When hypersaline brines are treated with low concentrations of bile salts, such as sodium deoxycholate or sodium taurocholate, Halobacterium and related halophilic archaebacteria lyse while both halophilic eubacteria and halococci remain intact. Microscopic enumeration of bacteria before and after treatment with bile salts, thus, enables the estimation of Halobacterium population sizes in natural samples. Sodium deoxycholate was found to be superior to sodium taurocholate as at least one strain (Haloferax volcanii) resists lysis by taurocholate. Treatment with 0.003% sodium deoxycholate caused lyusis of ≈ 42% of the bacteria present in a solar saltern crystallizer pond; using the same method, it was shown that no significant population of halobacteria was present in the Dead Sea in 1988.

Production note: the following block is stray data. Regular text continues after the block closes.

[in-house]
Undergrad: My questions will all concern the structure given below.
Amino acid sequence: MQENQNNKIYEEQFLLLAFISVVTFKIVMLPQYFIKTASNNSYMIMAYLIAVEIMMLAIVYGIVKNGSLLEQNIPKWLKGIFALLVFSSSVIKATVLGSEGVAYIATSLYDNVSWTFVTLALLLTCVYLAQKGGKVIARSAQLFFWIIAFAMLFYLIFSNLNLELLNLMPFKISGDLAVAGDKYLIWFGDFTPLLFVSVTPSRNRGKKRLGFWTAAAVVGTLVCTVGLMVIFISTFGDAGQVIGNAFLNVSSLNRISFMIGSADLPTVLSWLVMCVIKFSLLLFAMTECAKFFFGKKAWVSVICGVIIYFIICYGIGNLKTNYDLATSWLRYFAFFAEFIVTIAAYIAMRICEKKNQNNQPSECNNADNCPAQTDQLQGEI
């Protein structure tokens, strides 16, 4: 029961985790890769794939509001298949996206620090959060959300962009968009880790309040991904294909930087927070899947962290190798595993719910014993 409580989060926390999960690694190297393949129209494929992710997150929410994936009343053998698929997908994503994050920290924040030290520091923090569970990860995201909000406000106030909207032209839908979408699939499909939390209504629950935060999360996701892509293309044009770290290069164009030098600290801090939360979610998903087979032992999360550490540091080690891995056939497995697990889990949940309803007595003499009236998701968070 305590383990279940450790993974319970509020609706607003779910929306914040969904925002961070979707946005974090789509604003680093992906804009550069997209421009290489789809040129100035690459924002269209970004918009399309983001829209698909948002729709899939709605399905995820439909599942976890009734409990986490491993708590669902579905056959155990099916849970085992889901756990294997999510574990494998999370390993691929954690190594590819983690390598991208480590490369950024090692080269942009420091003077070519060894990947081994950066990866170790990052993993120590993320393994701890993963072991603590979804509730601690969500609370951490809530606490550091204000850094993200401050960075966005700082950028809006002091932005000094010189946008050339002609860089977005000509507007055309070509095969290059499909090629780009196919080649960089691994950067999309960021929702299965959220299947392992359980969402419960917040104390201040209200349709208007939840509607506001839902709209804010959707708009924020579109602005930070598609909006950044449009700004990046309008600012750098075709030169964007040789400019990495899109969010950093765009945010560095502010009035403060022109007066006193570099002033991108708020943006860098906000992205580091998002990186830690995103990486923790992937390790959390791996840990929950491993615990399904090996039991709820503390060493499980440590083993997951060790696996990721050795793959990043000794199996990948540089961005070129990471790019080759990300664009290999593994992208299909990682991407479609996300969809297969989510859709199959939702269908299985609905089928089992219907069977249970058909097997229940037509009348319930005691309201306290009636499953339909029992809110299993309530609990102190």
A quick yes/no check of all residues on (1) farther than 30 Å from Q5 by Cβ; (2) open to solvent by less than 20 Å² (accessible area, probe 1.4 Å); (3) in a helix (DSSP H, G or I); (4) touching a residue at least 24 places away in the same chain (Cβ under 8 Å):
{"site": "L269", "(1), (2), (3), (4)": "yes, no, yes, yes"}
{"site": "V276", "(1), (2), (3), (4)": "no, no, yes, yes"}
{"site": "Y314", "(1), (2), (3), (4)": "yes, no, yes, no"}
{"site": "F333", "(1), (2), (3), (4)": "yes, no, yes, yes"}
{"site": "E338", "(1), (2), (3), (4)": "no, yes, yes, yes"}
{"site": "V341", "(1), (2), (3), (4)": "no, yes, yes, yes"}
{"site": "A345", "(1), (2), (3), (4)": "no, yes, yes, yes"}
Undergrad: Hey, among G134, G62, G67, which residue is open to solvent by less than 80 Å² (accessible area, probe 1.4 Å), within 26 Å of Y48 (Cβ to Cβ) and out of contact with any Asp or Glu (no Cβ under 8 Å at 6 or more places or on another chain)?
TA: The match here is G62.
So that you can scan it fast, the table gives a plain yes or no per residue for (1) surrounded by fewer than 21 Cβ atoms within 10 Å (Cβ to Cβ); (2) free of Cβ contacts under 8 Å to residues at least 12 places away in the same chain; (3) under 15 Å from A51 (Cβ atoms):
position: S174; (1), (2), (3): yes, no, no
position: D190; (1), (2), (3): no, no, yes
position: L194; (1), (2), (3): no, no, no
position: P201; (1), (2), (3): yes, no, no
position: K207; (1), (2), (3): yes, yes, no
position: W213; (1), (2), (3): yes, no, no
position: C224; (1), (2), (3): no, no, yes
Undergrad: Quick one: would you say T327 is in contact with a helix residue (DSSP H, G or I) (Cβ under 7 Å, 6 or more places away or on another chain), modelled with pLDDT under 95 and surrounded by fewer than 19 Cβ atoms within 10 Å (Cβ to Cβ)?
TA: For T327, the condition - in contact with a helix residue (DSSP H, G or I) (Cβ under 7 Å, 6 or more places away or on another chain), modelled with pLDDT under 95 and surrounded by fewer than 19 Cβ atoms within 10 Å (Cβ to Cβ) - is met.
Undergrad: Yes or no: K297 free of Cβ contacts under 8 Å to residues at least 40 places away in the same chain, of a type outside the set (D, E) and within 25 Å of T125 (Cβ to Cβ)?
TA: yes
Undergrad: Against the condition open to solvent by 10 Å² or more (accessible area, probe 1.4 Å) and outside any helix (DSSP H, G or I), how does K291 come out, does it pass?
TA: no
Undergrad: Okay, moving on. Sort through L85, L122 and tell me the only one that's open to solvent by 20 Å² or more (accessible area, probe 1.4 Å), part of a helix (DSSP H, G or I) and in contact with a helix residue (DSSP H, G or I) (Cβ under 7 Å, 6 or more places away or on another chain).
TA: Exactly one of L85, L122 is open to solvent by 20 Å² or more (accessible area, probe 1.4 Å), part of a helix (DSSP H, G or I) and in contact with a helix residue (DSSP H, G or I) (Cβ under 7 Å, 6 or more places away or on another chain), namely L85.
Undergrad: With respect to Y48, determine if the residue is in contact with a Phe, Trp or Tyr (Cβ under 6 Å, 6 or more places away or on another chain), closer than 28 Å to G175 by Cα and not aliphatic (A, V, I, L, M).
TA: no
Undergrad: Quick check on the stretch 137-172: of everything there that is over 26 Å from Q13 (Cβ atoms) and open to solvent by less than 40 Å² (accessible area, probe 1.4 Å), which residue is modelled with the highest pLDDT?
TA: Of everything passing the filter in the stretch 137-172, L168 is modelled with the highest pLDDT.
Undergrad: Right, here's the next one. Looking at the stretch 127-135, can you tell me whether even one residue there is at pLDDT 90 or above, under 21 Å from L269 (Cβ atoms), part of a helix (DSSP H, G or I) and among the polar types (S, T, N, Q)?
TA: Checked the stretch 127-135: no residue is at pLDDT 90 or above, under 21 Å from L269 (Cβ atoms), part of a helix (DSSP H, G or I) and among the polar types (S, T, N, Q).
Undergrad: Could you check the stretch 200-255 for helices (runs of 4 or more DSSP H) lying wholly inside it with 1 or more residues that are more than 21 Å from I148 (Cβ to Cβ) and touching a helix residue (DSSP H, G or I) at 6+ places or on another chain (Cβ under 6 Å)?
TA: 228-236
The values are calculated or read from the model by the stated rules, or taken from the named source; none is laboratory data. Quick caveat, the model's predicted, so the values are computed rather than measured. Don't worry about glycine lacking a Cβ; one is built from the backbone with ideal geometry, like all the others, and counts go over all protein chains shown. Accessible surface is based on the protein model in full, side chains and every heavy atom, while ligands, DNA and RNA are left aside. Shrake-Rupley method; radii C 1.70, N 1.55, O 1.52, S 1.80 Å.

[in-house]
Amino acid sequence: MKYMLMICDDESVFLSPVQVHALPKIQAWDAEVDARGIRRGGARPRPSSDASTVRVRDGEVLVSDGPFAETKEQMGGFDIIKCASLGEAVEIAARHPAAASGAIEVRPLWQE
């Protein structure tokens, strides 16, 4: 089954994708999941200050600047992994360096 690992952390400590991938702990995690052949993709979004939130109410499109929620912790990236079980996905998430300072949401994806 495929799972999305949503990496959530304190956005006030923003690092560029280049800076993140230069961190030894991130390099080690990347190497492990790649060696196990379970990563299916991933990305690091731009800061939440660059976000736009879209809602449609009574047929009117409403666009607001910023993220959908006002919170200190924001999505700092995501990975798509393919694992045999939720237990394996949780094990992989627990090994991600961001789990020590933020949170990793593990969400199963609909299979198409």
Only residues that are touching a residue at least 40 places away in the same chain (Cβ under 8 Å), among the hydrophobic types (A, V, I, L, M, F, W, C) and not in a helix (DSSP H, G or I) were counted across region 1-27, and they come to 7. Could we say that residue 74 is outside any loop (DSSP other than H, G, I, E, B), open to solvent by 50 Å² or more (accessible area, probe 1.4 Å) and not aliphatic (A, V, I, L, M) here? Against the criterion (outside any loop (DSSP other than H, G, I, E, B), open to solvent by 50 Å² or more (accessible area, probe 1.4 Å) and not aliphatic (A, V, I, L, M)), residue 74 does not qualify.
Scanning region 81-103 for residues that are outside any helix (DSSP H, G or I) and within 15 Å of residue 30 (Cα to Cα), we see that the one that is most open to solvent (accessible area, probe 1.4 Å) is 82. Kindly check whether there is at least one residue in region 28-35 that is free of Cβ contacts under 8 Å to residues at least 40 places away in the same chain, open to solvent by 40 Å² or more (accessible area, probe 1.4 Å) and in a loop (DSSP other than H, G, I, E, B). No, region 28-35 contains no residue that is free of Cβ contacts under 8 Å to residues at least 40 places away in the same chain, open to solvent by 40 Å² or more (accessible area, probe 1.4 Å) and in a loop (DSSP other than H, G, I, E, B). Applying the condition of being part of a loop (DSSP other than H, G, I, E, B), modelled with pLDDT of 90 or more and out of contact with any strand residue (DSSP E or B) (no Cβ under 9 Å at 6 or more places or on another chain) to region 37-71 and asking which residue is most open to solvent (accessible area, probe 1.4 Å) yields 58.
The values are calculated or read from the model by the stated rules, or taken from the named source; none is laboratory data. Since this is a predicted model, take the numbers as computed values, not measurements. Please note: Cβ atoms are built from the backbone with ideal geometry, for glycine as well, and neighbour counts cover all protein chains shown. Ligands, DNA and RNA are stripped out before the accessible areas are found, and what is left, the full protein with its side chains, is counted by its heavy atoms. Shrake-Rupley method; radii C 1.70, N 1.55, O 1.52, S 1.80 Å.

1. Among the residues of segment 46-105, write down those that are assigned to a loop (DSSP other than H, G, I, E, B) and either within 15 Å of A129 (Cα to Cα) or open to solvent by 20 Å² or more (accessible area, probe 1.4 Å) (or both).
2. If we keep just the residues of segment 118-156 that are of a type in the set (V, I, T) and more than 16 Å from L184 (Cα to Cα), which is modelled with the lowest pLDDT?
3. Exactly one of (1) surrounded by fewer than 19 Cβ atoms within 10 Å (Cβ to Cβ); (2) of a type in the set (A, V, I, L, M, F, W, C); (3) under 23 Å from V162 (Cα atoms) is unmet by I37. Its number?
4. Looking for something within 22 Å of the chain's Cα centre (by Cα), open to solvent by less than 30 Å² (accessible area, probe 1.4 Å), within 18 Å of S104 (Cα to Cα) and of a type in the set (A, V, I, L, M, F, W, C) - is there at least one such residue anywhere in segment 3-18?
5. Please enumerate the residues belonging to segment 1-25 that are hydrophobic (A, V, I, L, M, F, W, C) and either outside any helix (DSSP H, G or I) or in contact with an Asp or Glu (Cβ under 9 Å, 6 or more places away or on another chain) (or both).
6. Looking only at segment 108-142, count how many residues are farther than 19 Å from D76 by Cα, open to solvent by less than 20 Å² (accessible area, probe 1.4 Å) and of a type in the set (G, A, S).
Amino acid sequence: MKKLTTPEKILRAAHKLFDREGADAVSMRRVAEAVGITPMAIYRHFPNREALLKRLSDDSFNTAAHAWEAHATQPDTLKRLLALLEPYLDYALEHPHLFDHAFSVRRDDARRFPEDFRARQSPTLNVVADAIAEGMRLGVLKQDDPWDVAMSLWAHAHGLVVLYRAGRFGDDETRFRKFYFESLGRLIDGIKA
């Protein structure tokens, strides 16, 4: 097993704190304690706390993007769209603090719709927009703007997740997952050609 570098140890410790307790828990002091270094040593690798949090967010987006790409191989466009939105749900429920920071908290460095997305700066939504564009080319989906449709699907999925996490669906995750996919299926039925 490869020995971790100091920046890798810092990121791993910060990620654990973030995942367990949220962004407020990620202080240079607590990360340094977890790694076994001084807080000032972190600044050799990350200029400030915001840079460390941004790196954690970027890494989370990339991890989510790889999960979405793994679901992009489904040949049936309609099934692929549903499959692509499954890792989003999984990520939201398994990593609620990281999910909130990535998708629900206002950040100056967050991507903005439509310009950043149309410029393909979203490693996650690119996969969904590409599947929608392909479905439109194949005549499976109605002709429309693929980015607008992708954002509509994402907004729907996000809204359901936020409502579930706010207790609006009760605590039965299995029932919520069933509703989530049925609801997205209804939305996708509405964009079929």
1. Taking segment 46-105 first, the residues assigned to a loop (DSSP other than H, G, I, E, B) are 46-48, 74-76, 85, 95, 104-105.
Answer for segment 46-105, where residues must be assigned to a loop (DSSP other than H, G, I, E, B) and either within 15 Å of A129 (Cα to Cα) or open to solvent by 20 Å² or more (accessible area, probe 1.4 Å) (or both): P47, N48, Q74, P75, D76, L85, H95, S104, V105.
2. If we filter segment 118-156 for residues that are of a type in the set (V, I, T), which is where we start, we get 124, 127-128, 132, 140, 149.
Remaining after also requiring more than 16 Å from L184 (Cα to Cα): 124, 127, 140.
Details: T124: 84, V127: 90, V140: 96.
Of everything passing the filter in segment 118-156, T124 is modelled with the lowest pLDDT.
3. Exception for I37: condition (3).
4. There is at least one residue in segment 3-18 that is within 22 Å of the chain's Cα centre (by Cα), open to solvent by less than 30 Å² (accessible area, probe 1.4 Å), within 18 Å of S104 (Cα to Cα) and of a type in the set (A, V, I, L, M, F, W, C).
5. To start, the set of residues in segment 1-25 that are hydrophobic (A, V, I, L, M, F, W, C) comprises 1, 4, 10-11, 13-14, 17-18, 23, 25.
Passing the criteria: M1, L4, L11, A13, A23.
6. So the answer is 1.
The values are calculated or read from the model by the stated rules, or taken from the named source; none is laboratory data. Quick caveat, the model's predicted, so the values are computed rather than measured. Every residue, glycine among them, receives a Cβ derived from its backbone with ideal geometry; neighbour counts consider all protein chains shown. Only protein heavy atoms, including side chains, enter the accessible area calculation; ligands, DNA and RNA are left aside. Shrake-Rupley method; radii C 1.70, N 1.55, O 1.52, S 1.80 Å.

Bibliographical noteFunding Information:
I thank Andreas Krause-Mirus for his help in obtaining samples from the Eilat salt ponds. This work was supported by a grant from the Israeli Ministry of Energy and Infrastructure.
- Bile salt
- Dead Sea